Passing non-lvalue as const reference argument. Is the temp created in local scope or caller scope?

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Ok, so, I already know that returning a local variable as reference will cause undefined behavior when we try to use it and that we can create a non-const reference to only form a lvalue variable. Creating a const reference does not need to be created from a lvalue variable, because if it is created from a non-lvalue variable, it creates a temporary one in that scope (code below).

const int& refa {2};  // basically equals const int temp_a{2}; const int& refa{temp_a}; 

And there goes my question, if we pass a non-lvalue as a parameter to a function that takes a const reference, will the temporary variable be created in local scope of the caller or in local scope of the function? I am curious if returning the argument as reference and using it will cause undefined behavior. Sample (assume that the method is not inline):

_declspec(noinline) const int& inMax(const int& a, const int& b) {      return a > b ? a : b; }  int main() {     int a{ 5 }, b{ 6 };      // Will the temporary variables for POST decrementation/incrementation result      // will be created here or inside inMax(...)     const int& ret = inMax(a++, b--);     // is the ret safe to use? }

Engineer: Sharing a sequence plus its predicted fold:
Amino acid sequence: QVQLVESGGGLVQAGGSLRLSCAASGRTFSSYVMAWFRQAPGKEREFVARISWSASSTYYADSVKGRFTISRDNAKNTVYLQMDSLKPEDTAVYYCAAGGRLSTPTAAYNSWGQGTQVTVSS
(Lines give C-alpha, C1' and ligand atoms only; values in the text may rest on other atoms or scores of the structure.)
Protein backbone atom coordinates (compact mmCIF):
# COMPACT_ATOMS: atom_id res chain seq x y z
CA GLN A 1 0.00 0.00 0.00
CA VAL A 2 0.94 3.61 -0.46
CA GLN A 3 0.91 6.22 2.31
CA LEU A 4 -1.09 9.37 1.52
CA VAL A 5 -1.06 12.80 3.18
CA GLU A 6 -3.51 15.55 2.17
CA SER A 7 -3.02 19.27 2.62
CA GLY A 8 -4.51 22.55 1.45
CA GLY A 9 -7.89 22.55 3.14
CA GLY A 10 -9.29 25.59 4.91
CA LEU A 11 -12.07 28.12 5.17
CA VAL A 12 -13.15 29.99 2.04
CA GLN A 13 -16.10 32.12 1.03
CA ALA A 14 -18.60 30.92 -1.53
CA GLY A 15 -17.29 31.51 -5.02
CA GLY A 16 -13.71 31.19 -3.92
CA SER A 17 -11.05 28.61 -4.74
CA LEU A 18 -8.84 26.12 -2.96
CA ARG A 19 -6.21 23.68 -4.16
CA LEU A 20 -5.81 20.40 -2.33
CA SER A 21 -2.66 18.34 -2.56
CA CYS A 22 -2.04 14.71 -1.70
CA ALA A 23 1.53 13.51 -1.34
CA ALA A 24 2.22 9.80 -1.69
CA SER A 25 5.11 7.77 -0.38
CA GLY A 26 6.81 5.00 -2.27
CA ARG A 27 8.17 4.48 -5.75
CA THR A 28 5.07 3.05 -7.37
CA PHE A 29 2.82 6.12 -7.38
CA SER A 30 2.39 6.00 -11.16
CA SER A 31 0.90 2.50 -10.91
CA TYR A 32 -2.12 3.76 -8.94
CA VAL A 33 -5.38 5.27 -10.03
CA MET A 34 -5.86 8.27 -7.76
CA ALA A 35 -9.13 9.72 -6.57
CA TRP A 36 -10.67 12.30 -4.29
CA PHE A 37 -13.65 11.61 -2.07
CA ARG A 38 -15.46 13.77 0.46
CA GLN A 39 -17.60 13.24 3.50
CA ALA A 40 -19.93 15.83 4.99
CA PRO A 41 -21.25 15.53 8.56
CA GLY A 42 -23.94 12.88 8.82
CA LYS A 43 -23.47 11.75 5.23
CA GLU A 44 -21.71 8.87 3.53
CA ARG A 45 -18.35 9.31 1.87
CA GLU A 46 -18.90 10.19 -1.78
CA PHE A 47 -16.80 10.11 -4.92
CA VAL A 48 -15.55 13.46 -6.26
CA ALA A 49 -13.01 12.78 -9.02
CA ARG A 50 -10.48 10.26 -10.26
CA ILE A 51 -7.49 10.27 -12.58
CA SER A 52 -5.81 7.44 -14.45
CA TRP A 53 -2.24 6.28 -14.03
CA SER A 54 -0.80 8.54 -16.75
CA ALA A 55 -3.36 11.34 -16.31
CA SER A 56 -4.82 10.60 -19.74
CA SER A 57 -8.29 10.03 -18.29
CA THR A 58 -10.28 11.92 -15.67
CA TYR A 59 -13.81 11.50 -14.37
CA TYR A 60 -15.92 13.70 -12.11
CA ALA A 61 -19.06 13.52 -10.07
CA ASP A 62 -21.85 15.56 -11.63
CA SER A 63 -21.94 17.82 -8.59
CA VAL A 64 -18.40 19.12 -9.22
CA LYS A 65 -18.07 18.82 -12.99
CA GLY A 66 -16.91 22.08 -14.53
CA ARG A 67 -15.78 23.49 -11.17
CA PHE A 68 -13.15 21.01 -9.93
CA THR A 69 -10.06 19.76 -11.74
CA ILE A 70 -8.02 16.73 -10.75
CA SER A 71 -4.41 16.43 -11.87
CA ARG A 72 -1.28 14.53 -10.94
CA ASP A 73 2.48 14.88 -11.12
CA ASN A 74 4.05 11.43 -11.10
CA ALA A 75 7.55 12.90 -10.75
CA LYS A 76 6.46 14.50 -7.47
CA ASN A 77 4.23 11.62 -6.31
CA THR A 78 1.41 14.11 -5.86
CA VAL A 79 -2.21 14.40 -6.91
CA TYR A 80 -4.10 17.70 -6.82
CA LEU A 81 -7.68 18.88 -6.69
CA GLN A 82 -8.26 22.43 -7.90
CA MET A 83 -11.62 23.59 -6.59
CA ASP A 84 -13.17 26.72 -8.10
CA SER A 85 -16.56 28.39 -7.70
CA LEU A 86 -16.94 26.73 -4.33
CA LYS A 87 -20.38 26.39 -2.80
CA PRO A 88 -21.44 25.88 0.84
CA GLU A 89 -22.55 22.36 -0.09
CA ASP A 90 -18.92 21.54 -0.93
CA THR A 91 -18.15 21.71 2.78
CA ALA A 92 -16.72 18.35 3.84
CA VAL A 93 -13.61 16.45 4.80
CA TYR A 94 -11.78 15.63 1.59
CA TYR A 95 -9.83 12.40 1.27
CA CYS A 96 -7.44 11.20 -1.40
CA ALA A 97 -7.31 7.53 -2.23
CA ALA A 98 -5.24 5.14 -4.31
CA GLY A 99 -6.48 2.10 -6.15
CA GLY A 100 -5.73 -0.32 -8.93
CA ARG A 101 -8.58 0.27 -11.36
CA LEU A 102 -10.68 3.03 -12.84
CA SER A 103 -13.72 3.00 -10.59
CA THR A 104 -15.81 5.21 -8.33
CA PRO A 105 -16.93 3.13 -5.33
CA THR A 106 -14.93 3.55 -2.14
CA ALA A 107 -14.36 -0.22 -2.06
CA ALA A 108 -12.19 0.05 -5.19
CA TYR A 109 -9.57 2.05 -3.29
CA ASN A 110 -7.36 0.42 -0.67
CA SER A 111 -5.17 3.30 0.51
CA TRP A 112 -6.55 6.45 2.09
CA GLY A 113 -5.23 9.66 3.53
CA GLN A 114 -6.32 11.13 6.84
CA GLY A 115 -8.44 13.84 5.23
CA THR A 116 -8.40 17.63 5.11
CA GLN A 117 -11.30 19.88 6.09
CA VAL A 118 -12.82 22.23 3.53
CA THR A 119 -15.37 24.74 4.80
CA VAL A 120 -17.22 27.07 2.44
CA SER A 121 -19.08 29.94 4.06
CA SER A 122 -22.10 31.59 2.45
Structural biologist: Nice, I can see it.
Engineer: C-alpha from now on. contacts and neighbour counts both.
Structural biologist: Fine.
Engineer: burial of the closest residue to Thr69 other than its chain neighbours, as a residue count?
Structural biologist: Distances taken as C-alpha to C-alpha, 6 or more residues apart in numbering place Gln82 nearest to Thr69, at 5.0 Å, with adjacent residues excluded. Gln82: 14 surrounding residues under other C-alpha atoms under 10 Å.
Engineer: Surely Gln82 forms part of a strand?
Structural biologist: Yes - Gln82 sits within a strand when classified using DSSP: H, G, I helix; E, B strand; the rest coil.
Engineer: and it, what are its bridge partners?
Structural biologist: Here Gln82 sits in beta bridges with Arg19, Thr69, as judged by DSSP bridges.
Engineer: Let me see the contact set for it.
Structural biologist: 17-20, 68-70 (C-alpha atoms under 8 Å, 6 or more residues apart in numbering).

It will be created in the scope of the calling function (the called function can't tell if it has been passed an rvalue it needs to destruct, or a real lvalue). That's the good news. The bad news is that the temporary will be destroyed at the end of the full expression which includes the function call.

The compiler will transform your code into something like:

const int& ret; // Not yet initialized {     const int tempA = a++;     const int tempB = b--;     ret := inMax(tempA, tempB); // Initialize ret with reference to tempA or tempB     // destroy tempB, and tempA } // ret is now a dangling reference. 

However. Unlike the "return referencee to local variable" case, it is valid to use the function result in the statement which contains the function call. Thus:

    int ret = inMax(a++,b--); 

is valid. In this case, ret is copy constructed from the reference - which is not yet dangling. Also, if the function returns a reference to a class object, it is safe to call a member of that class in the same statement.

Having said all that, this is highly risky territory. If someone comes along later and splits a long complex statement into several parts, they can introduce undefined behaviour.


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